A health care worker prepares a J&J/Janssen Covid-19 shot at a temporary vaccination site at Grand Central Terminal train station on May 12, 2021 in New York City (AFP / Angela Weiss)

In another video, US doctor spreads Covid-19 vaccine misinformation

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Sherri Tenpenny, an American physician named among the biggest “profiteers” from anti-vaccination misinformation, appears on a YouTube channel sharing misleading claims about coronavirus shots. In a video viewed almost 100,000 times, she said they cause deaths, “transmit” side effects to the unvaccinated, and cause infertility risks. All of these claims are scientifically inaccurate, multiple experts have stated.

A screenshot of a YouTube video taken on June 11, 2021

The video, shared on YouTube on May 16, 2021, has been viewed more than 93,000 times. It features Tenpenny, a licensed osteopath in Ohio, and Sheila Hemphill, founder of the anti-vaccine blog “Texas Right to Know.”

The video was also shared on Instagram here.

Tenpenny is a regular spreader of coronavirus misinformation whose claims AFP previously debunked.

A 2021 study from the Center for Countering Digital Hate (CCDH) found that she was among a dozen people responsible for 65 percent of anti-vaccine content on Facebook and Twitter. She also figured in a separate list of “Pandemic Profiteers” named in a subsequent CCDH report.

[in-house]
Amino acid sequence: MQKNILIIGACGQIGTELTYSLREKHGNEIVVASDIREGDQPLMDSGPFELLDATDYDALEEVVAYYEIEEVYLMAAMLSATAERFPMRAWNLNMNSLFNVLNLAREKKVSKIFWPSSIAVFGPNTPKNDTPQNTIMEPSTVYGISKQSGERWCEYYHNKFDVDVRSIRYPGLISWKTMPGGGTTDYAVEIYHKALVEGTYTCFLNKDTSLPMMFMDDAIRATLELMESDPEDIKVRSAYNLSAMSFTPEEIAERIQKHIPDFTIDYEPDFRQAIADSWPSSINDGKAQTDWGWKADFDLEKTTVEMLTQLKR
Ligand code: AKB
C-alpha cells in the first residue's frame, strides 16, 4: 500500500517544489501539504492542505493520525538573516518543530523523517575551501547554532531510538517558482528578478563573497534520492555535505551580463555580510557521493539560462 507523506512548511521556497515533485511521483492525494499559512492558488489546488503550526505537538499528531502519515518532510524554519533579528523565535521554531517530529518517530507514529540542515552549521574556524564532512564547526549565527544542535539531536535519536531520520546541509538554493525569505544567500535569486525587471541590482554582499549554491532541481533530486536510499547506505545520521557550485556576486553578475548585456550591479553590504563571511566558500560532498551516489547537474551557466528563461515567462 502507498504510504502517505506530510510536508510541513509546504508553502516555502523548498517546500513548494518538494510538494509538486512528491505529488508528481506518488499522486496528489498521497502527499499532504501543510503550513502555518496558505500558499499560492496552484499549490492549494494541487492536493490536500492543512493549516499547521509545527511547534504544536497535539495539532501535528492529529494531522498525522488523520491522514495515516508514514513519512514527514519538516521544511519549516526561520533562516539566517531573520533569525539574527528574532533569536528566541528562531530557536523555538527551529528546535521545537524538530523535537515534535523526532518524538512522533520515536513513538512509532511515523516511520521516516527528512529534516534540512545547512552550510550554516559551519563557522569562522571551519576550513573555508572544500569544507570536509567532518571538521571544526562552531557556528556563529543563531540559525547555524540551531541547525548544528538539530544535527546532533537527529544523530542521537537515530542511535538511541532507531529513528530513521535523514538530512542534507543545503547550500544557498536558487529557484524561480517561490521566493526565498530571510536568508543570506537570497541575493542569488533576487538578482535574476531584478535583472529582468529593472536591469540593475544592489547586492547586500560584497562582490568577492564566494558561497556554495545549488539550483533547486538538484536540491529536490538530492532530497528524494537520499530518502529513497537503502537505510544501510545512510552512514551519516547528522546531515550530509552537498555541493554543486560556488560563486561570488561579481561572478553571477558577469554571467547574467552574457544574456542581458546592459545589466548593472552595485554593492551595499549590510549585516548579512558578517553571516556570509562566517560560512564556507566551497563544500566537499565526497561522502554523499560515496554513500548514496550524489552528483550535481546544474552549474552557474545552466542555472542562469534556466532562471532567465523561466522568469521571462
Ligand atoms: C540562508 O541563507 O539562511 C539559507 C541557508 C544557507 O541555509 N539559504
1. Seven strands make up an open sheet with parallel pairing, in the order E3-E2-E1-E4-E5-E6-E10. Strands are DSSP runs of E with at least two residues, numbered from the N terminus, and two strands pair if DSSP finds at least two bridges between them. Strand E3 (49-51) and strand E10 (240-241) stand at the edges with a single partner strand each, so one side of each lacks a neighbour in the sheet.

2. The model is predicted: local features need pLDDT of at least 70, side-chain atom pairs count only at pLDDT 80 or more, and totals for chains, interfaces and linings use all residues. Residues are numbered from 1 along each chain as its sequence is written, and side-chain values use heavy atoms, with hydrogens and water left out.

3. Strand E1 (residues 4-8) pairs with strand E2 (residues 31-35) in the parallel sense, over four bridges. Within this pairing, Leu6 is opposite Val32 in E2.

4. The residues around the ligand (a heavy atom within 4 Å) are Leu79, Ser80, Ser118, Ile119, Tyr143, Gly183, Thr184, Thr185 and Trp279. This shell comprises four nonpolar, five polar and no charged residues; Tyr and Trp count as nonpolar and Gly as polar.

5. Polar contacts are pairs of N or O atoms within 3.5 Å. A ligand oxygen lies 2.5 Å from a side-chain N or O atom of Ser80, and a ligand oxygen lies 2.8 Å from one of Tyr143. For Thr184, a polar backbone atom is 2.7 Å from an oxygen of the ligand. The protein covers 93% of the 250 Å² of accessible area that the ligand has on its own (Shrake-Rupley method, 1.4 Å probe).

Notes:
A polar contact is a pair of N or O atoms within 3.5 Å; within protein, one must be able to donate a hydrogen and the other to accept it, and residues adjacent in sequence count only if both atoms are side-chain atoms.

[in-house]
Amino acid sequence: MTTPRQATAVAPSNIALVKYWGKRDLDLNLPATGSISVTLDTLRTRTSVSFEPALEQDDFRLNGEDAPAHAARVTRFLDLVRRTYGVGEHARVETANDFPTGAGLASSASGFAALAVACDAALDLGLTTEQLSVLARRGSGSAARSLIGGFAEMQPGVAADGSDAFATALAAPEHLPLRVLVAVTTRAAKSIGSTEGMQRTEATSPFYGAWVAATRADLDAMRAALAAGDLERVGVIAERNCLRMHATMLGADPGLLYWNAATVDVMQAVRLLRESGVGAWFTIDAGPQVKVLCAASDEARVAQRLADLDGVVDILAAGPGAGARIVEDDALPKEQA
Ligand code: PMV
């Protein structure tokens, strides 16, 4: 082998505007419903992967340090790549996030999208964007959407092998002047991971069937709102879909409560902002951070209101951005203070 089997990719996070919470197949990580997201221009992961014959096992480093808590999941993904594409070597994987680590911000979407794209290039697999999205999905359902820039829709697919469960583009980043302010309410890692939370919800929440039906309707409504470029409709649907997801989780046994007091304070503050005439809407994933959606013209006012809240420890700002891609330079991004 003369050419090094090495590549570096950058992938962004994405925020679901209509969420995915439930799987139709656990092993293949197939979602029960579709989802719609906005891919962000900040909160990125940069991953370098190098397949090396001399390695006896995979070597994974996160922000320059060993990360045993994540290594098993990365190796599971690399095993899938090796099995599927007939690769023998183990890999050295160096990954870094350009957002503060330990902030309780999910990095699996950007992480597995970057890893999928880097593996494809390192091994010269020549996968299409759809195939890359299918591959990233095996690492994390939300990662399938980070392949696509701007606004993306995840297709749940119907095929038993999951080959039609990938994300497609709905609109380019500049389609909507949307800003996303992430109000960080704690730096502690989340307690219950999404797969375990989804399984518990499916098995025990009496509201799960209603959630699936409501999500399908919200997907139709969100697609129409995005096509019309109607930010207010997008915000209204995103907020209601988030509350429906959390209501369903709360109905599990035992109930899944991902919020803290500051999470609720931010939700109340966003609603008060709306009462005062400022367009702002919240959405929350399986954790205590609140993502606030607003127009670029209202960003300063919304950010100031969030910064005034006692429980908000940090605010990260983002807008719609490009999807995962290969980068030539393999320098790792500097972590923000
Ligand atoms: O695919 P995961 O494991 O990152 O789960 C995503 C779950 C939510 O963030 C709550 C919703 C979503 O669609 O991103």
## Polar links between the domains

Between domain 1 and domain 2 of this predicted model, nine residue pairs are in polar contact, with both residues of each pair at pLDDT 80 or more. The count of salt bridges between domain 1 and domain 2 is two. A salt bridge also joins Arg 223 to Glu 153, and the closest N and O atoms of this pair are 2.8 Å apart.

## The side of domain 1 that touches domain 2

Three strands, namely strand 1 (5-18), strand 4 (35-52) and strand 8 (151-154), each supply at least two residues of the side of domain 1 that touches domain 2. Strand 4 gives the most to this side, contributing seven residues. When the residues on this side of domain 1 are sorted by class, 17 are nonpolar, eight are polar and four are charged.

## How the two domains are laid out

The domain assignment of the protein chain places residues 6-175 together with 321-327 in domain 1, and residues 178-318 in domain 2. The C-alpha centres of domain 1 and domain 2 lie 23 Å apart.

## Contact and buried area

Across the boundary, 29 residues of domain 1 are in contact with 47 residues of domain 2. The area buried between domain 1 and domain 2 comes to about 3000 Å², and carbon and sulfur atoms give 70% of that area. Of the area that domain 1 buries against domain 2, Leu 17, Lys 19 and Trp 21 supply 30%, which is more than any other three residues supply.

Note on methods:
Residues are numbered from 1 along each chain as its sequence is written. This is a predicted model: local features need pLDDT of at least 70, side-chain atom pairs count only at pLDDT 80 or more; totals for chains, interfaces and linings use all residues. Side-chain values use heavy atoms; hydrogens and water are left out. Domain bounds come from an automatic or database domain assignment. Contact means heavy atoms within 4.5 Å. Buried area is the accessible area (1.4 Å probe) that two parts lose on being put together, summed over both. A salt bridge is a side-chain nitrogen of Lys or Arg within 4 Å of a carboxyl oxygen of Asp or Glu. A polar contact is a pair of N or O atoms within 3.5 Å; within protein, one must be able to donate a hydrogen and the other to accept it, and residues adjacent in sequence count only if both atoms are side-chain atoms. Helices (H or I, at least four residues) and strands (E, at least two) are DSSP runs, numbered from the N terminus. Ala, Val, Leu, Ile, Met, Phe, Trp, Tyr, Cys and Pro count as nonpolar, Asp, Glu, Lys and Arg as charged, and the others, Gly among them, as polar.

But despite this, Tenpenny was invited by Ohio’s Republican lawmakers to testify in favor of a bill that would prohibit mandatory vaccinations or vaccination status disclosure.

During that June 8, 2021 hearing, she relayed false information about Covid-19 inoculations and 5G, and what she said were the vaccines’ magnetic properties.

Her earlier appearance on the YouTube video continues to spread online.

AFP breaks down the list of claims she made.

Claim: Coronavirus vaccines can be transmitted from vaccinated to unvaccinated people, without close contact

Tenpenny starts the video by claiming that there is a “transmission, that we believe is the spike protein that has been created by these injections into people, it’s being transmitted to other people without close personal contact.” This causes health issues including abnormal bleeding and blood clots, among vaccinated people as well as those who have not been inoculated, she said.

mRNA vaccines, the most widely used in the US, differ from previously offered inoculations in that instead of confronting the immune system with part of a virus in a weakened or deactivated form to build antibodies, they give it a “blueprint” of a part of the virus (the spike protein) that the body can then recognize and fight when confronted by it later.

Drew Weissman, professor of medicine and mRNA researcher at the University of Pennsylvania’s Perelman School of Medicine, dismissed the notion of spike protein transmission.

He told AFP on June 10, 2021: “The spike protein made by the vaccine cannot be transmitted to another. It is utterly impossible. The protein is found in lymphoid organs and at very small levels in the circulation. There is no way for this protein to be released.”

In a previous fact-check published in April 2021, Dasantila Golemi-Kotra, a microbiologist at York University, explained to AFP that no spike protein gets shed during inoculation and it “cannot infect someone else.” 

She said: “If it is digested it will be destroyed by the low pH in our stomach and the enzymes there,” and if it gets stuck in the skin or enters the mouth or the eyes or nose, “it is very likely to be digested by the enzymes secreted by our cells on these environments.”